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Caffeine

Smoking

Alcohol

Vitamins

Temperature issues

Stress

Medications and illness


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Male Infertility Information

Getting pregnant always involves both male and female issues. Some of the techniques we use are quite powerful and can overcome most sperm problems. However, technology is expensive and time-consuming and we would like the sperm to be as good as they are able to be naturally. What follows is a brief discussion of some of the issues related to the male contribution to fertility.

Background

Functional sperm are produced over a period of two to three months. Thus events that occurred in the last few months affect the current sperm count now. This is one of the reasons that sperm counts taken at different times may vary. Most sperm that men produce are not capable of fertilizing an egg. Only a small proportion of sperm naturally have this ability. Assessing the proportion of competent sperm usually can only be done in a subspecialty sperm lab. Most sperm are also prevented from getting to an egg by a woman's cervix. The right sperm can get to the egg at the right time more frequently when many good sperm are present. However, even when there are only a few good sperm, one can be lucky enough to get to the egg at the right time.

Caffeine

Anything in excess is probably not a good idea, but normal caffeine has not been shown to be detrimental to achieving pregnancy. It makes sperm swim faster which may be beneficial close to ovulation and detrimental more distant from ovulation.

Smoking

Smoking is associated with an average 20% decline in sperm production and a much greater negative impact on sperm function. We strongly recommend that smokers take vitamin C (1000 mg) to compensate for missing anti-oxidants in the semen. More significantly, smoking is also associated with DNA damage that is transferred to the baby and increases the chances (related to amount smoked) of giving birth to a baby who develops childhood cancer. The risk of childhood cancer is still very low, but it is estimated that 15% of all childhood cancers are due to male smoking. These negative effects of smoking should be gone three months after stopping smoking.

Alcohol

Most data on alcohol use is also associated with smoking. Alcohol is distributed through all tissues of the body. Drinking more than two drinks a day is probably not optimal.

Nutritional Supplements/Vitamins

We recommend vitamin C (500 to 1000 mg) for its anti-oxidant effect, which can protect sperm membranes from damage and also 400 to 800 mg of folate (folic acid). One study suggests that taking vitamin E together with vitamin C makes vitamin C act as an oxidant.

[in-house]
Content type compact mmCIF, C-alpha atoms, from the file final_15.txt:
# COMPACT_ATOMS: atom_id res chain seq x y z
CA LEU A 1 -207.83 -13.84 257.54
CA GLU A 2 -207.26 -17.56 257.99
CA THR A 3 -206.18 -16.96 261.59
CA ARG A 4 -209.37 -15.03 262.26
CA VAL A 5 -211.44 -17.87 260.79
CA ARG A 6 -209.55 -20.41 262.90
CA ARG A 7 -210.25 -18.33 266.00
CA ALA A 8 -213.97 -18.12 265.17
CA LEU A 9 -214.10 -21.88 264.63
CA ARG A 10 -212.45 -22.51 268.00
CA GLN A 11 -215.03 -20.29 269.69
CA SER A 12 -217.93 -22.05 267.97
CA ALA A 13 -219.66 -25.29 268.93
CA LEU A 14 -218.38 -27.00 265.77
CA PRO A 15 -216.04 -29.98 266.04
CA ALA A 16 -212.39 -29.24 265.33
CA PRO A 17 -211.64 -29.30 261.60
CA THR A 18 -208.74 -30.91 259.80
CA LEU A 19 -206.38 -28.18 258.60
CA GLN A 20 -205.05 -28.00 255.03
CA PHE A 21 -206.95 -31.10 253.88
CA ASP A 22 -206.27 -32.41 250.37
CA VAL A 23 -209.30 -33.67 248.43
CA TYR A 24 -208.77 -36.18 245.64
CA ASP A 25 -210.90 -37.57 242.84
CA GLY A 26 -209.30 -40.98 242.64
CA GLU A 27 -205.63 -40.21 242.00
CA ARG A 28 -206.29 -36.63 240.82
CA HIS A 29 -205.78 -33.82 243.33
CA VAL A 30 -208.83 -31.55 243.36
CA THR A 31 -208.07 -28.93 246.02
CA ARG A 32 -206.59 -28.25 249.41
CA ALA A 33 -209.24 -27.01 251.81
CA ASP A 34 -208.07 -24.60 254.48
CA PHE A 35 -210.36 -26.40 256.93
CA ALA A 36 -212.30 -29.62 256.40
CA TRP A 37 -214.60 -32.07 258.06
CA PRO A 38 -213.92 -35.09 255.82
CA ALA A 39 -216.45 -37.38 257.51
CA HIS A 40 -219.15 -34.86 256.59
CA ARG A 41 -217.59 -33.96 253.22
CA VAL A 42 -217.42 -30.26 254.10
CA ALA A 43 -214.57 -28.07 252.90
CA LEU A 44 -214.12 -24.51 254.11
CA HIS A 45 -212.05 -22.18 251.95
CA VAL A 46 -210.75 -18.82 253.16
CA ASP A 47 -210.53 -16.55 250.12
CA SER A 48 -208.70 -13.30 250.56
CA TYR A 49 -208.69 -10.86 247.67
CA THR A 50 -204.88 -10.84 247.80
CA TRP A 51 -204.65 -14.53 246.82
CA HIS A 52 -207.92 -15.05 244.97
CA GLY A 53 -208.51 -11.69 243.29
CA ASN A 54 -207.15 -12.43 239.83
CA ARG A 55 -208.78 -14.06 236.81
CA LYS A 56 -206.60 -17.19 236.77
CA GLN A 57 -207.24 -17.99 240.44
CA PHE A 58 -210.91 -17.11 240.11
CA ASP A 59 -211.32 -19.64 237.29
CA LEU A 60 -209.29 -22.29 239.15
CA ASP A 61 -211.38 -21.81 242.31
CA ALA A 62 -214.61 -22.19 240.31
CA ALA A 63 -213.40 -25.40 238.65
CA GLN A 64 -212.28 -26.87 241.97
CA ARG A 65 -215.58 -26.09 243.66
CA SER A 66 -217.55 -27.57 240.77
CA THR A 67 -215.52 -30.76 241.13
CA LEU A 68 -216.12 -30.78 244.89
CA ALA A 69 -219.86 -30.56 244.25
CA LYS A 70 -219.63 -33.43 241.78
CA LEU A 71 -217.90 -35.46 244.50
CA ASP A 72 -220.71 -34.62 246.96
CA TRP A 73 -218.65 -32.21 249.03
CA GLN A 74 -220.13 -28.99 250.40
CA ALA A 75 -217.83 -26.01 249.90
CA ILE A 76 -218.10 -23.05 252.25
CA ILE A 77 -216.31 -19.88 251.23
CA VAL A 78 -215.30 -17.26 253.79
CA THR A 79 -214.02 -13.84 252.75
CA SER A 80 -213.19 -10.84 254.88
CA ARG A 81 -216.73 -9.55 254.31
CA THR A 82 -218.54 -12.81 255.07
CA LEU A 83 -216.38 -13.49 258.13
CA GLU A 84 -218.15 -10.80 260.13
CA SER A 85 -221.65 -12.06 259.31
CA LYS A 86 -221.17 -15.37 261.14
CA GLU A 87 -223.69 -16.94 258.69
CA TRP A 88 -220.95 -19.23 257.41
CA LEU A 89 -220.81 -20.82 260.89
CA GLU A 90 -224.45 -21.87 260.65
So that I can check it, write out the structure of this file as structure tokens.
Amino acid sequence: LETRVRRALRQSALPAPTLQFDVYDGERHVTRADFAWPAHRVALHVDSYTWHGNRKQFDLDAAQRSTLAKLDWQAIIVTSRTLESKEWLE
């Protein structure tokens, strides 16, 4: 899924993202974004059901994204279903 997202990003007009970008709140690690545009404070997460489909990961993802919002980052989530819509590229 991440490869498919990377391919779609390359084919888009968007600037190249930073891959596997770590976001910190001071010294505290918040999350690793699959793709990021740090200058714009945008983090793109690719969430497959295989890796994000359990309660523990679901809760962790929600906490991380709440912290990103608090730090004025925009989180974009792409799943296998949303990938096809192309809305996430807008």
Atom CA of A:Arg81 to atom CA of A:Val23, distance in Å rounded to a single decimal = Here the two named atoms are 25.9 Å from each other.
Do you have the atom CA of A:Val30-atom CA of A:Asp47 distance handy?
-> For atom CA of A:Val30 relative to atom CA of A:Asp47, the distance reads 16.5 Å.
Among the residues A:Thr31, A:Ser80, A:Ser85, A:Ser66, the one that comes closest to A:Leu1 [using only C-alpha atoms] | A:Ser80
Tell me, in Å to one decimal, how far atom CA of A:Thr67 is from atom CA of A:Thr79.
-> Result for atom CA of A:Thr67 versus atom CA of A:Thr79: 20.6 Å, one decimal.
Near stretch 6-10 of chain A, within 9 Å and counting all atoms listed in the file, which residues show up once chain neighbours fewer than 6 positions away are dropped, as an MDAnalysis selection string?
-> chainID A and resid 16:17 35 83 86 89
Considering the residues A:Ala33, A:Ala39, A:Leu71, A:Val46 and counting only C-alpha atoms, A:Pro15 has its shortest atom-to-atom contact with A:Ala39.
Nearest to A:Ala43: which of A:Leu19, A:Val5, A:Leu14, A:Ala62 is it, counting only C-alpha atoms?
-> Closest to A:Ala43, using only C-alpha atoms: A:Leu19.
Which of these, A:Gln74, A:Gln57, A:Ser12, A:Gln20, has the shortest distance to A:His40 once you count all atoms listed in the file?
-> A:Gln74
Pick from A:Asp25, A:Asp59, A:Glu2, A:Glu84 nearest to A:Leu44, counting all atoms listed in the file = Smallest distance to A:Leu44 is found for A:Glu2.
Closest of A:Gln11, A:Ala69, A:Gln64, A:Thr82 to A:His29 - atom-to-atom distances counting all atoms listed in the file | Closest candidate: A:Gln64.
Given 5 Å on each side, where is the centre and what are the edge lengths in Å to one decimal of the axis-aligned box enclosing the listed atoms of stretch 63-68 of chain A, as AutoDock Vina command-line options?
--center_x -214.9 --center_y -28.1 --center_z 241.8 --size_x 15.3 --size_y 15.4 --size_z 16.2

Many male fertility supplements contain zinc. We strongly recommend that you avoid any vitamins or supplements containing zinc. Although zinc is a structural component enabling sperm to attain motility, sophisticated data suggests that the more zinc that a semen specimen contains, the worse the sperm specimen is. Our experience with men taking zinc supplementation suggests a negative impact. Many male fertility supplements are marketed to men and women. We have had patients who have taken some of these and are not aware of any supplement that is of benefit. Because of the multi-factorial and probabilistic nature of male infertility, good research is hard to do. A single paper demonstrating an improvement in a sperm parameter may be enough to launch the marketing of a product, but is not enough to be convincing scientifically. Based our knowledge of sperm production and function, it is unlikely that there will ever be a "magic bullet" for male fertility.

Temperature issues

Anything that elevates a man's scrotal temperature decreases sperm production. By design, the testicles are three degrees cooler than the rest of the body. Ten minutes in the sauna for ten days has been shown to decrease sperm production by 50% ten weeks later. Prolonged truck driving (without air conditioning), working with a laptop computer on one's lap, sleeping on a heated waterbed, wearing bike pants, intense exercising, and varicoceles have been shown to increase a man's scrotal temperature. Men with some occupations have seasonal variations in sperm counts (e.g., roofers) due to temperature variations. A varicocele may be a correctable cause of elevated scrotal temperature.

Stress

Most attempts to look at the impact of stress on sperm production have found no effect. An interesting exception to this is a study that compared semen analyses before and after the 1995 Kobe earthquake in Japan. Large differences before and after the quake were observed in men who were either close to the epicenter of the quake or lost family members from the quake.

Medications and chronic illnesses

The most common problems we encounter involve hypertension and diabetes. One class of drugs used for hypertension is the calcium channel blockers. These drugs interrupt a mechanism in sperm that enable sperm to bind to eggs. They have potential utility to be developed as a male contraceptive in the future. Some men with diabetes have had damage to a nerve that causes some of the semen to be lost in the bladder.